Signed: Ambros Goin
Wit: Geo Mason, Joseph Hannis, Brent Huttnal.
At a Court held for Stafford County the 8th day of March 1726.
Ambrose Goin acknowledged his deed of lease to Catherine Goin which on her motion is admitted to record.
(Release): 1726 March 7 … between Ambrose Gowing of the Parish of Overwharton in the County of Stafford Planter of the one part & Catherine Gowing of the same parish & County widow of the other part … Ambrose Gowing for & in consideration of the sum of twenty bounds current money … paid by the said Catherine Gowing … confirm unto the said Catherine Gowing … one certain tract or parcel of land containing 112 acres … in the said County of Stafford and branch issueing out of a Run called Popeshead, the said Branch known by the name of Rattlesnake branch bounded … beginning at a white oak standing in the fork of the said Branch and extending thence South … as the same is granted by the Proprietors of the Northern Neck of Virginia unto William Gowing Father of the said Ambrose Gowing by Patent bearing date the 12th day of November in the year of our Lord God 1725 … which the said land and premises came and defended to and upon the said Ambrose Gowing as son and heir of the aforesaid William the patentee who died intestate ….
Signed: Ambrose Goin
Wits: George Mason, Joseph Hannis, Brent Nutthall.
I the within named Ambrose Gowing do hereby acknowledge to have received of the within named Catherine Gowing the sum of 20 pounds current mony being the consideration metioned in the within deed to be paid by her to me on the perfection thereof witness my hand this 7th day of arch anno Dom. 1726.
Signed: Ambrose Goin
Wit: George Mason, Joseph Hannis, Brent Nutthall.
At a Court held for Stafford County the 8th day of March 1726.
Ambrose Goin acknowledged this his deed of release with the receipt thereon endorsed to Catherine Goin which on her motion is admitted to record. Test. Catesby Cocke.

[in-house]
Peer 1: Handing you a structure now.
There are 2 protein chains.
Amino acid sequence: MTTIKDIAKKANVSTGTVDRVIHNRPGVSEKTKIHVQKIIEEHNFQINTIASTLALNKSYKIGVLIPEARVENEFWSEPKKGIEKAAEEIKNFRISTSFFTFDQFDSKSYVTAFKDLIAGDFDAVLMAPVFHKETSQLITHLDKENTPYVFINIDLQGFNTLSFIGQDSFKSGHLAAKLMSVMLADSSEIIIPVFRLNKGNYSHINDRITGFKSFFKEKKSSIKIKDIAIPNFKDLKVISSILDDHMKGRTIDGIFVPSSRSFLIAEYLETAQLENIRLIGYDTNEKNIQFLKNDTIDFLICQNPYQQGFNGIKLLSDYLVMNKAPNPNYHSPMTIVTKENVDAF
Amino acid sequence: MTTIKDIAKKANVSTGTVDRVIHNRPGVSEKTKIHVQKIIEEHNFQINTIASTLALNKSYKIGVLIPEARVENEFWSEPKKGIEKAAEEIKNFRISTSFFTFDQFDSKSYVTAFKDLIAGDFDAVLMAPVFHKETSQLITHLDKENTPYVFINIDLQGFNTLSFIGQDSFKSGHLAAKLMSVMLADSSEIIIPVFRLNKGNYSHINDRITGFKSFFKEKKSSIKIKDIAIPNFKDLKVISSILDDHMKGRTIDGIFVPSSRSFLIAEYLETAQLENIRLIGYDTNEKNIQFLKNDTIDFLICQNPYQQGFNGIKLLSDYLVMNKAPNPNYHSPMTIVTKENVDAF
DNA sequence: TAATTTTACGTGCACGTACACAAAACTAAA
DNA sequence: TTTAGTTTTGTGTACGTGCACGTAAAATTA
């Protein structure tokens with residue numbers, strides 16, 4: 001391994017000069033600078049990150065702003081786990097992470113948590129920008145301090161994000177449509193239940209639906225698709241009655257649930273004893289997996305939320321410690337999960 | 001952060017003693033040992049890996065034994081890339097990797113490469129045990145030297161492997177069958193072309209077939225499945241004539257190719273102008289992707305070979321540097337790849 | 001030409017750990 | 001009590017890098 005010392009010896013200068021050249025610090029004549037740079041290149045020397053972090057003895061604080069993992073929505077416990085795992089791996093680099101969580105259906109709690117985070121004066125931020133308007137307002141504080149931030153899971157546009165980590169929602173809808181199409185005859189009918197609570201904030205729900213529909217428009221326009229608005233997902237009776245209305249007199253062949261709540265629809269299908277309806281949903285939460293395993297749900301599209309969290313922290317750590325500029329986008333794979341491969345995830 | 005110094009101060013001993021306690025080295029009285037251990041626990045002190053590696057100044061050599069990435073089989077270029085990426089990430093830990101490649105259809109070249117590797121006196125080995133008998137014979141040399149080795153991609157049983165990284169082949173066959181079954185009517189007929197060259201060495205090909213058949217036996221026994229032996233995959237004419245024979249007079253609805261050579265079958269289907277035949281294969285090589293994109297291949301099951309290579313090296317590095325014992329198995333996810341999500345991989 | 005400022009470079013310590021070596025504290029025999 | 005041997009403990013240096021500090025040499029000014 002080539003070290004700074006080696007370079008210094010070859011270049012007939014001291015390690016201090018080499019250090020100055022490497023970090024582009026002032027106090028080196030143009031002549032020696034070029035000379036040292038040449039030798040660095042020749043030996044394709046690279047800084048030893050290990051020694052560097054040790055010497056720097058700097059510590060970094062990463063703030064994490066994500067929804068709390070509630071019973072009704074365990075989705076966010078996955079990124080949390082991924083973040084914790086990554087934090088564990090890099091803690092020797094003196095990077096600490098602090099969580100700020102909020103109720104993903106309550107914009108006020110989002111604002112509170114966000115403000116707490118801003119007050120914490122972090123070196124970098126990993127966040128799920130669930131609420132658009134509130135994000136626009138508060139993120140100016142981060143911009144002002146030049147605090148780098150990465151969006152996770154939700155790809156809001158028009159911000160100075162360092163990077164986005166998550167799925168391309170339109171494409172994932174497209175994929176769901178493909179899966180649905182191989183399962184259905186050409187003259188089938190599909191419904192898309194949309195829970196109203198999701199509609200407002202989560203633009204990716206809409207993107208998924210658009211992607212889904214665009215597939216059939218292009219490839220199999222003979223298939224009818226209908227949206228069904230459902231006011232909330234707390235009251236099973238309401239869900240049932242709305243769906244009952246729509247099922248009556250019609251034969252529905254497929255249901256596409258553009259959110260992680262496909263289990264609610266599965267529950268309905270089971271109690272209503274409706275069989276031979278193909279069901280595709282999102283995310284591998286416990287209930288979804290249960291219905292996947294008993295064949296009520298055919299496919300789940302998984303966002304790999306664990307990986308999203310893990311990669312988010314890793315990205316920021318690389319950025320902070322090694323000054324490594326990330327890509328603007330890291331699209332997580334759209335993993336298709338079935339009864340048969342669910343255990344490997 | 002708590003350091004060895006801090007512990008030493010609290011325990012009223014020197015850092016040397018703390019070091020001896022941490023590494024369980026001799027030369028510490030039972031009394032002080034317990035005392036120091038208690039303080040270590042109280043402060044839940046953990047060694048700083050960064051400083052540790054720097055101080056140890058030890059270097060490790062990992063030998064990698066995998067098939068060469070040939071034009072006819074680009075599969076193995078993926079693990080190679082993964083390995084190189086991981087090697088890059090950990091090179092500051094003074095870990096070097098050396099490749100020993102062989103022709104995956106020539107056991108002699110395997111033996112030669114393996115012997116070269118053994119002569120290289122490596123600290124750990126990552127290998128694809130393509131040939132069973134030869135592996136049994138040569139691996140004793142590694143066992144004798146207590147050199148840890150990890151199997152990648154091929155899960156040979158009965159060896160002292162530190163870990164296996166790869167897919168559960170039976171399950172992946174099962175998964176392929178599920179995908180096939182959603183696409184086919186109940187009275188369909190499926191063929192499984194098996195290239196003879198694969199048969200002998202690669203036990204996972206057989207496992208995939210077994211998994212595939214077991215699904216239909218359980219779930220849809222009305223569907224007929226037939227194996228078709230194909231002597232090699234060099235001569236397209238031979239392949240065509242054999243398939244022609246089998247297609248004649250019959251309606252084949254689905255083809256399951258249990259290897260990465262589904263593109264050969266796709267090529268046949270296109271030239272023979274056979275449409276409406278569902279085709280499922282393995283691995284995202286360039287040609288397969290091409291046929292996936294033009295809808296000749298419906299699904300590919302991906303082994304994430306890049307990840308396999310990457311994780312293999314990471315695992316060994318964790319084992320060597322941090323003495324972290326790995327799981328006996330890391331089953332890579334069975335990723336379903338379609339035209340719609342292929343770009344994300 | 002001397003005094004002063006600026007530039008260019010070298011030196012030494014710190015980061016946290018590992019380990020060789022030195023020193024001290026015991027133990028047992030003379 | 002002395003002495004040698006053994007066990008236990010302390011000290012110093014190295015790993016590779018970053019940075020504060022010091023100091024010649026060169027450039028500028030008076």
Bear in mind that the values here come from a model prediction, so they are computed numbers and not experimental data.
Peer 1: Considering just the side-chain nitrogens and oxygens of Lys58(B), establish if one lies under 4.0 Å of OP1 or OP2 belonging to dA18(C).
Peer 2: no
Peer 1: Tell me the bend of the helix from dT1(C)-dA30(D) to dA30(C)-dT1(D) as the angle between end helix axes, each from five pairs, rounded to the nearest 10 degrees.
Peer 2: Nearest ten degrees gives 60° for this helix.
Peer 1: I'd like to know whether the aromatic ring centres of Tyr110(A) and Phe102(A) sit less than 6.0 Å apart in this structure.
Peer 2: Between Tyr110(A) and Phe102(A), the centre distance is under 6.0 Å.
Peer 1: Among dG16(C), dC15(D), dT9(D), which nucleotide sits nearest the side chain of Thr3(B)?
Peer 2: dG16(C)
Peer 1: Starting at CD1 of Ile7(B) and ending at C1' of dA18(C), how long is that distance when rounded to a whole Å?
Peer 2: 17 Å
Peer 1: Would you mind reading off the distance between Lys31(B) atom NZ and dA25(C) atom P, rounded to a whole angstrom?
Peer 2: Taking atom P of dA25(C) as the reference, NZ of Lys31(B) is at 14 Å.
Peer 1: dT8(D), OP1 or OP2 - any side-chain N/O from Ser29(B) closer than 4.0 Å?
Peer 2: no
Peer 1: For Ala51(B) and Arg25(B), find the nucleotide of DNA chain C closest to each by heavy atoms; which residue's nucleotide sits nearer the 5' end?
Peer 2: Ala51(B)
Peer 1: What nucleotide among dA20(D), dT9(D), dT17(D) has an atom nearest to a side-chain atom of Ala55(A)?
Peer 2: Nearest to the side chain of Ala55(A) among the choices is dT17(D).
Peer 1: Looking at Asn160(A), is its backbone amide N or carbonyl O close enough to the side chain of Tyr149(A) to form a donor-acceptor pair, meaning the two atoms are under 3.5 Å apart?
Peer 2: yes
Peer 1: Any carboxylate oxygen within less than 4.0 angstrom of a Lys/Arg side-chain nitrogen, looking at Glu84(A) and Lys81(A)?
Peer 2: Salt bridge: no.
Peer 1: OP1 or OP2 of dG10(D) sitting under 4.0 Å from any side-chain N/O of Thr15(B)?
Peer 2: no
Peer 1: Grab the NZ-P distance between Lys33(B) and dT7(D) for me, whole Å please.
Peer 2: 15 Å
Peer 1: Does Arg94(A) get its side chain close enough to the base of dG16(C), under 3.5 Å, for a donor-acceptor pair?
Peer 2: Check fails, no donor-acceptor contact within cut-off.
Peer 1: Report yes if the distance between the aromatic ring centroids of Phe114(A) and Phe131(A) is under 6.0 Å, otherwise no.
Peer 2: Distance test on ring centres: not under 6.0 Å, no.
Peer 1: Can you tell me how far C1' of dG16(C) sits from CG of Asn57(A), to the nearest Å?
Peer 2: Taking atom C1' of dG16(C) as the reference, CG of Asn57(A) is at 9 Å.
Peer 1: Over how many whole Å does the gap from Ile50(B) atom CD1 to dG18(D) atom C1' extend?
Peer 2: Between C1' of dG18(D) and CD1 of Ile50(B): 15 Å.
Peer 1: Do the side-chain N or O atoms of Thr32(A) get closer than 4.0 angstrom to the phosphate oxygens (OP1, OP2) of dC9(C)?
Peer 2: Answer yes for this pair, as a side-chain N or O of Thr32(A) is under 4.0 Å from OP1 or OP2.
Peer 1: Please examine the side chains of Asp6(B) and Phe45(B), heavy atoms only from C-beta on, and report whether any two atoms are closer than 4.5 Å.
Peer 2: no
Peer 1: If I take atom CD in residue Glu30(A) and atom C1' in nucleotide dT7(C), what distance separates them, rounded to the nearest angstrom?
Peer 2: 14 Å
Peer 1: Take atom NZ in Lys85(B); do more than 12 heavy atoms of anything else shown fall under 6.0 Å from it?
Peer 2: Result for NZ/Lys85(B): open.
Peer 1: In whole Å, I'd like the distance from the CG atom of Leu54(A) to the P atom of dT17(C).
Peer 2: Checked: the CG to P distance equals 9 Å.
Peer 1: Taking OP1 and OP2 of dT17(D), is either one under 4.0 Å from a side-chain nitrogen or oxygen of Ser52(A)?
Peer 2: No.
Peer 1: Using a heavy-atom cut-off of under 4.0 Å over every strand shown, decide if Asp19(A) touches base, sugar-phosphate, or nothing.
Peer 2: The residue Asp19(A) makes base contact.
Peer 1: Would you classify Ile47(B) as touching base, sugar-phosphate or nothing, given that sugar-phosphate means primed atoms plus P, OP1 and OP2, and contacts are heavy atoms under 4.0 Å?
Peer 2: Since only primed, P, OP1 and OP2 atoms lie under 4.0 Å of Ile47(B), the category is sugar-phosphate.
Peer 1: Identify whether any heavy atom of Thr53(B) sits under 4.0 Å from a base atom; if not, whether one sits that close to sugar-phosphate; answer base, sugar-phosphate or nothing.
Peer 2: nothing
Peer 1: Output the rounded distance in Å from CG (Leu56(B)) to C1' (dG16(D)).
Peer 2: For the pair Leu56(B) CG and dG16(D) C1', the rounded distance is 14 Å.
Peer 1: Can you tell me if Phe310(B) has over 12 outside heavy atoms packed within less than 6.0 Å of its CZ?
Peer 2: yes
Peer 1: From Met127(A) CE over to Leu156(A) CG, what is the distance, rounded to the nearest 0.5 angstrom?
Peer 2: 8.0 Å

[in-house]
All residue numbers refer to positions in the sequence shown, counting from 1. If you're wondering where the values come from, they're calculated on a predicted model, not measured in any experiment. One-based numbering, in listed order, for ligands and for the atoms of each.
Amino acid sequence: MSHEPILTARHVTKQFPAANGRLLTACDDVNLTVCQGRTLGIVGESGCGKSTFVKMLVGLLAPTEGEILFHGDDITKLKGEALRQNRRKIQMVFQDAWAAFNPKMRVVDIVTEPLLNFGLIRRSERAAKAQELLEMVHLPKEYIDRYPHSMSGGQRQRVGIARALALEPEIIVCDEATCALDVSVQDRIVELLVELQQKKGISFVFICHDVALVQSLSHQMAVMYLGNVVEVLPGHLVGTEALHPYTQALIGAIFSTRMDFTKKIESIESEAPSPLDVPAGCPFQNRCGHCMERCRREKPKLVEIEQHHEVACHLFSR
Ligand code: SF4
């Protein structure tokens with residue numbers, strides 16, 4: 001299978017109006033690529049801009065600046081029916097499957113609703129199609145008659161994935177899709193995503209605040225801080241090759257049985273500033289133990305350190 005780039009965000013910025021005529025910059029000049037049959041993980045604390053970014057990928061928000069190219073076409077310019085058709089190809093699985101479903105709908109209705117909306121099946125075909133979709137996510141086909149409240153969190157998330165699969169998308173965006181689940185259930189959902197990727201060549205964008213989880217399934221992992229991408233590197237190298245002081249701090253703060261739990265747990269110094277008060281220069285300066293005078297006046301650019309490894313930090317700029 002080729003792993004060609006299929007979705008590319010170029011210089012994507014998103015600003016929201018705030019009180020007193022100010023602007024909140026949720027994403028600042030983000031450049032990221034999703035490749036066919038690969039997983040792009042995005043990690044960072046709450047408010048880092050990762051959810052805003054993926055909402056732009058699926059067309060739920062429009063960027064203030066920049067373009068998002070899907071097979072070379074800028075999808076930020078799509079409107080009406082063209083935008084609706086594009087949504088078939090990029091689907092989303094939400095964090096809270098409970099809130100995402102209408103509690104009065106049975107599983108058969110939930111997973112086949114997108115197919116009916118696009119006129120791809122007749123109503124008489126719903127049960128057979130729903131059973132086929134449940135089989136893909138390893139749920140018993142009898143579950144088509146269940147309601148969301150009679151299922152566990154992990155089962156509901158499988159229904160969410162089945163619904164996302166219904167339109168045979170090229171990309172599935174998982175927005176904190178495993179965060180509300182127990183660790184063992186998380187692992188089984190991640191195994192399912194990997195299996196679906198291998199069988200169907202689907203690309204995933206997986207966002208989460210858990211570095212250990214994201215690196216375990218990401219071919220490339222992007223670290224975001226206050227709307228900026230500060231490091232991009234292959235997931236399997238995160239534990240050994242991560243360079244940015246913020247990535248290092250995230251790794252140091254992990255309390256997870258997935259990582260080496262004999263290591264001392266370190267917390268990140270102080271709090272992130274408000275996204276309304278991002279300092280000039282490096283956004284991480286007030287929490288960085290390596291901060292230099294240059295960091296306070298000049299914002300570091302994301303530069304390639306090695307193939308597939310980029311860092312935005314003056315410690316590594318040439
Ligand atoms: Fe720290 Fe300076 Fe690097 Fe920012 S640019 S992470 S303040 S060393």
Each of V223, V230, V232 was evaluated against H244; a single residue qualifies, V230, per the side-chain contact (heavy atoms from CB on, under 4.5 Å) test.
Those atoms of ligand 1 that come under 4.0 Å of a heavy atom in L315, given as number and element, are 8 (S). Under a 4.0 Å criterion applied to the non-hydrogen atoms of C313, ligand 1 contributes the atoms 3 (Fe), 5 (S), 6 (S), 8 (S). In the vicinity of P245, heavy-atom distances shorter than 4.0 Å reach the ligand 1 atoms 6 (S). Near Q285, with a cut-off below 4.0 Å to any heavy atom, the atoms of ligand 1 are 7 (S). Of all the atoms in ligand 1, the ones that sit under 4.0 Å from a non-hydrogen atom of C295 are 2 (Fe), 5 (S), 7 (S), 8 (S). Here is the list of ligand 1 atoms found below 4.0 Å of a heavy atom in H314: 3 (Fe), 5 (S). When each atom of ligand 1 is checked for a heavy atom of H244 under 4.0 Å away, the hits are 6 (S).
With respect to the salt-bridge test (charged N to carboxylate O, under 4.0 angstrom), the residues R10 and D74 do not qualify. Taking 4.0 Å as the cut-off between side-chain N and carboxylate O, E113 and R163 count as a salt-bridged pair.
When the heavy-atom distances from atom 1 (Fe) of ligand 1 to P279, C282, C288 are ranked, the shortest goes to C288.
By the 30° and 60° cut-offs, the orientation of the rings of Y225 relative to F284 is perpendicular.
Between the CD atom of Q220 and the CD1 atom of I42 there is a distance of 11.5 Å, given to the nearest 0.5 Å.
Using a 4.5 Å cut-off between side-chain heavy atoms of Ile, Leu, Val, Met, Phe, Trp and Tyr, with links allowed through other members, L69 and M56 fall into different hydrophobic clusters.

https://www.familysearch.org/ark:/61903/3:1:3Q9M-C9PF-Z3Y8?i=186&cat=366578 (Note: This transaction’s wording may indicate that Ambrose Gowing is the son of William Gowing, but not the son of Catherine. If this is true, then William Gowing may have been previously married and had children prior to his marriage to Catherine. The transaction never indicates that Catherine widow of William is Ambrose’s mother. The fact that Ambrose inherits the entire 112 acres raises questions. There are no records found that indicate what happened to William’s 180 acres on Accotink Creek – nor what happened with his remaining interest in 34 acres on Jonathan’s Creek. These may have been addressed in his inventory and estate paperwork that is noted in Will Book K’s index – but the book itself was stolen or destroyed during the Civil War – so there is no way to know what was in the esate paperwork).  

Later John Gowen, son of William Gowen, inherits a 56 acre portion of this grant, according to Fairfax County deed records. In 1744 John Gowen sells the 56 acres to Thomas Ford. Another son of William Gowen, Alexander Gowen, sells the remaining 56 acres of this 112 acre tract of land land in 1747 to Bond Veal.

William Gowen dies sometime between November/December of 1725 and March 6, 1726, at about age 42.  His will and probate records have not been found in Stafford County records, but indexes to those books have been found and have the following notations:

1726 William Gowing deceased, inventory 1730 1727 William Goin probate Stafford County Missing Will Book article p5

Ancestry.com link to source , Ancestry.com link to source , Ancestry.com link to source , Ancestry.com link to source

William Going is listed on the following Tithe Lists in Stafford County from 1723 to 1726 (and then his estate is listed from 1727-1730):

1722/23 William Goin on Accotink Cr and Great Hunting Cr, in Stafford Co, Va, Northern Neck residents and landowners. Stafford County Virginia Titheables. 1723-1790 in two volumes, compiled by John Vogt and T. William Kethley Jr. Volume 1, page 117, 143.